The next public places where smoking could be banned might be state prisons.
The state corrections department’s budget is about 660-milion dollars a year. Officials have told legislative budget writers about 142-million dollars of that–about 22$– is spent on healthcare for inmates and staff. “A staggering number,” says Senator Jim Lembke, “and we’ve got to address it.”
Lembke, from St. Louis, says that expense continues to “explode.” He has listened to department officials tell the Senate appropriations committee that cardiac care and cancer are the most expensive part of the inmate healthcare costs. He thinks banning smoking in prisons will reduce those costs.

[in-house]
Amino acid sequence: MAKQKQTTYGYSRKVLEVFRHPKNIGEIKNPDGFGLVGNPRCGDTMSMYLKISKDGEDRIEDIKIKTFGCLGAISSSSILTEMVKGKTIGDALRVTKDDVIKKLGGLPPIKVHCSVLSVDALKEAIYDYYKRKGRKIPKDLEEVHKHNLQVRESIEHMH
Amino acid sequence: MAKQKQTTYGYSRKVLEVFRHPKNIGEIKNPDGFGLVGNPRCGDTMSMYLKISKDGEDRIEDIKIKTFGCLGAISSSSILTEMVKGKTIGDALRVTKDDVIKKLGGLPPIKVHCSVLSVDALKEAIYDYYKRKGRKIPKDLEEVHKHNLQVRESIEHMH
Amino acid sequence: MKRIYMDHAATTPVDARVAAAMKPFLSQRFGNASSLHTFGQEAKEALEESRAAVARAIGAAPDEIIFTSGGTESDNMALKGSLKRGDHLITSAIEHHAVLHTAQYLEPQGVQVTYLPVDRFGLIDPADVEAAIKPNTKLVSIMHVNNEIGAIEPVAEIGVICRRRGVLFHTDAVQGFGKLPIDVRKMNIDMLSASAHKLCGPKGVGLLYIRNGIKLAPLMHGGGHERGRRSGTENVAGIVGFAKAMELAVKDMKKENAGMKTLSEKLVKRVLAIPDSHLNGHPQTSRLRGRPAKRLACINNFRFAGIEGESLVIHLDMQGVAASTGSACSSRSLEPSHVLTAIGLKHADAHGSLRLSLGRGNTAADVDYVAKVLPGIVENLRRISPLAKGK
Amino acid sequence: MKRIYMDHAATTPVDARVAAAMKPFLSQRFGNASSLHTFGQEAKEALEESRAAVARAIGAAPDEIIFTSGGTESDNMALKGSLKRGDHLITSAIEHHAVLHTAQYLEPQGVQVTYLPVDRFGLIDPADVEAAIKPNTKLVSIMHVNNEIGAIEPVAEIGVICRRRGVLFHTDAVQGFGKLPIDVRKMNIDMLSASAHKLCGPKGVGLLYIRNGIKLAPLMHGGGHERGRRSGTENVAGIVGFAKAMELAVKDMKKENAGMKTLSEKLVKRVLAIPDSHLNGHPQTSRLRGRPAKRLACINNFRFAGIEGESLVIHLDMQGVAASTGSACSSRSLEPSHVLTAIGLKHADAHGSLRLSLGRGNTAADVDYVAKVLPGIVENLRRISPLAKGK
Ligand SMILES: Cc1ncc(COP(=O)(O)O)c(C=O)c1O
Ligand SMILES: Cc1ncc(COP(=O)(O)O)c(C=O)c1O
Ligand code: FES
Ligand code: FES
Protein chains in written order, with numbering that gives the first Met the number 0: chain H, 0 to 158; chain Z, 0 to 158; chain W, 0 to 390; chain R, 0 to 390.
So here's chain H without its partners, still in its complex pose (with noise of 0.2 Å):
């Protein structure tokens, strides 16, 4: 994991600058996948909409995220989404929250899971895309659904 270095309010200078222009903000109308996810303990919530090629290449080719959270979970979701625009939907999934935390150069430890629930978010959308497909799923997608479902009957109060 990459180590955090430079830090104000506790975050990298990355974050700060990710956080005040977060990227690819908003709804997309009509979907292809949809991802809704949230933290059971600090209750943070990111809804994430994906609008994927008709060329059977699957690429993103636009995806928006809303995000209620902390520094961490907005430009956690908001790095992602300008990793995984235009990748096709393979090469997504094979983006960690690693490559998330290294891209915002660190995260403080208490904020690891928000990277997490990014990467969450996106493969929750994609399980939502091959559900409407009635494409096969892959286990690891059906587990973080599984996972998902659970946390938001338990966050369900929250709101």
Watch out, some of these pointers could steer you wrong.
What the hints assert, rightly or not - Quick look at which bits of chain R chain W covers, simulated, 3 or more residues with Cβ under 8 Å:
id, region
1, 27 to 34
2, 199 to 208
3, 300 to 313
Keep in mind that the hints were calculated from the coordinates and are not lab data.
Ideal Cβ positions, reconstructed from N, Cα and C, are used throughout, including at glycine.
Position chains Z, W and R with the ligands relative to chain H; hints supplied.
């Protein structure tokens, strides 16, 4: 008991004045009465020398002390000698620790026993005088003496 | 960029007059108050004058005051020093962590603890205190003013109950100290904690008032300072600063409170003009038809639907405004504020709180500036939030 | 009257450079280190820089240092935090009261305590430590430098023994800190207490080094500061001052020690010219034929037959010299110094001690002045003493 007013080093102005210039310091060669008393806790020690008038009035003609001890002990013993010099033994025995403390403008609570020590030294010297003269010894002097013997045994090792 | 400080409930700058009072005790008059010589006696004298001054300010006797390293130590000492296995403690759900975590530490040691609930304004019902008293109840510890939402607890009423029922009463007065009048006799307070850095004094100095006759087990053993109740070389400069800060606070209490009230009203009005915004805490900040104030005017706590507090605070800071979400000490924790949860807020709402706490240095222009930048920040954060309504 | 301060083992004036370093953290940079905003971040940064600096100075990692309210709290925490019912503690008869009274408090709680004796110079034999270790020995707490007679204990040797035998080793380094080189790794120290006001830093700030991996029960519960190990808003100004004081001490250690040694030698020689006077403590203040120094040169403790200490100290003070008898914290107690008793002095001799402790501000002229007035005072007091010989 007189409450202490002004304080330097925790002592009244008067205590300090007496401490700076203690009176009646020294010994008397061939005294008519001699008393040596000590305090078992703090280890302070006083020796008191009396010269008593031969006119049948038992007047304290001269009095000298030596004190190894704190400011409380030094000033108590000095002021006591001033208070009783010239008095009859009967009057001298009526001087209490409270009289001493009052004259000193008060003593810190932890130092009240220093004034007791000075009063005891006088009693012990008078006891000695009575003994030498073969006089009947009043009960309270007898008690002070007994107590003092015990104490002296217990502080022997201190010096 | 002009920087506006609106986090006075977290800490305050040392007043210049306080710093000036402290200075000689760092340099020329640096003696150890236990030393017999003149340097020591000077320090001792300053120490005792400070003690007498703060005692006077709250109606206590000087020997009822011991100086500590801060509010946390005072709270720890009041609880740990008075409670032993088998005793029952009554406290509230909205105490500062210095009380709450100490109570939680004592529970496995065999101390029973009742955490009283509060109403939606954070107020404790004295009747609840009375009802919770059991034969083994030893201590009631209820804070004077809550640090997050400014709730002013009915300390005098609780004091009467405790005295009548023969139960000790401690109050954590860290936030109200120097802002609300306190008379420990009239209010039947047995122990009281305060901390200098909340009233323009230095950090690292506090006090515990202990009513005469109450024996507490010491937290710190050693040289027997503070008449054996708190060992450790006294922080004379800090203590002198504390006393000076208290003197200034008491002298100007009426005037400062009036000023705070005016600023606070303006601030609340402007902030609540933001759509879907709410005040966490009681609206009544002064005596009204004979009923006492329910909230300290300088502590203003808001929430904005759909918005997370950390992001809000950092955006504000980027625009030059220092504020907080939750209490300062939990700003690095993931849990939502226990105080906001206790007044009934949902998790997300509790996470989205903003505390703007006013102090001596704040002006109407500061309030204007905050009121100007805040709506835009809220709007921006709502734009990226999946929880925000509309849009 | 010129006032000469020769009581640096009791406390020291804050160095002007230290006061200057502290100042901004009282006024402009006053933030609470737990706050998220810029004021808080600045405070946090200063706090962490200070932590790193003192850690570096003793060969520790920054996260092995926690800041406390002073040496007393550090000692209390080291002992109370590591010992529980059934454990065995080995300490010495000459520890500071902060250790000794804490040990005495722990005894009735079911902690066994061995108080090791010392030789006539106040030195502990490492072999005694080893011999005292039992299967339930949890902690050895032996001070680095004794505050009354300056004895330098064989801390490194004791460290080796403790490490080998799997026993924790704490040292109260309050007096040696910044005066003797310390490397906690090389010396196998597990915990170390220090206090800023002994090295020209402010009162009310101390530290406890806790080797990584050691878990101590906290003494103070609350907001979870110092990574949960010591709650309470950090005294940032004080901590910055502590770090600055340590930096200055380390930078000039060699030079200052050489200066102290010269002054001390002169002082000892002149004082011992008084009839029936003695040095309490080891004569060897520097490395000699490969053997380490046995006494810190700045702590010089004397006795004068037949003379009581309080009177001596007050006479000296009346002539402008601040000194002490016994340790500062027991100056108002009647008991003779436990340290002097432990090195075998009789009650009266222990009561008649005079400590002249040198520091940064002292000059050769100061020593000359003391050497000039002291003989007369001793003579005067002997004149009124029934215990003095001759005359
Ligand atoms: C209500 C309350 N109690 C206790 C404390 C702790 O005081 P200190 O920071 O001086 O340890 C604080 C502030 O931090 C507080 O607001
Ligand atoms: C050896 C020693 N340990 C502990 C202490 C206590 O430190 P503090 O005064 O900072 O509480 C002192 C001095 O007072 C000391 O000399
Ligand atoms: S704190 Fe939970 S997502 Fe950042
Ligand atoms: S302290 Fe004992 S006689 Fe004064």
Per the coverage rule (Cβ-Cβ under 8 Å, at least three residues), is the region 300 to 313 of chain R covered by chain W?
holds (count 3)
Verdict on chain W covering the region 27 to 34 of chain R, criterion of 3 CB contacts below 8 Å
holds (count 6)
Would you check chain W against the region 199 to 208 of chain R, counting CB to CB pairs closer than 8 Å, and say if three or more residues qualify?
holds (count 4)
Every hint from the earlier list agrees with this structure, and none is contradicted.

He’s introduced a bill to ban smoking in prisons–by staff as well as inmates. He sys the ban on staff smoking, too, will improve staff health and will limit the possibility that cigarettes can be smuggled in.
Lembke knows he’ll have some unhappy inmates. “But,” he says, “this is prison,” and people in prison lose a lot of their liberties—and smoking is one he thinks will be good for them to lose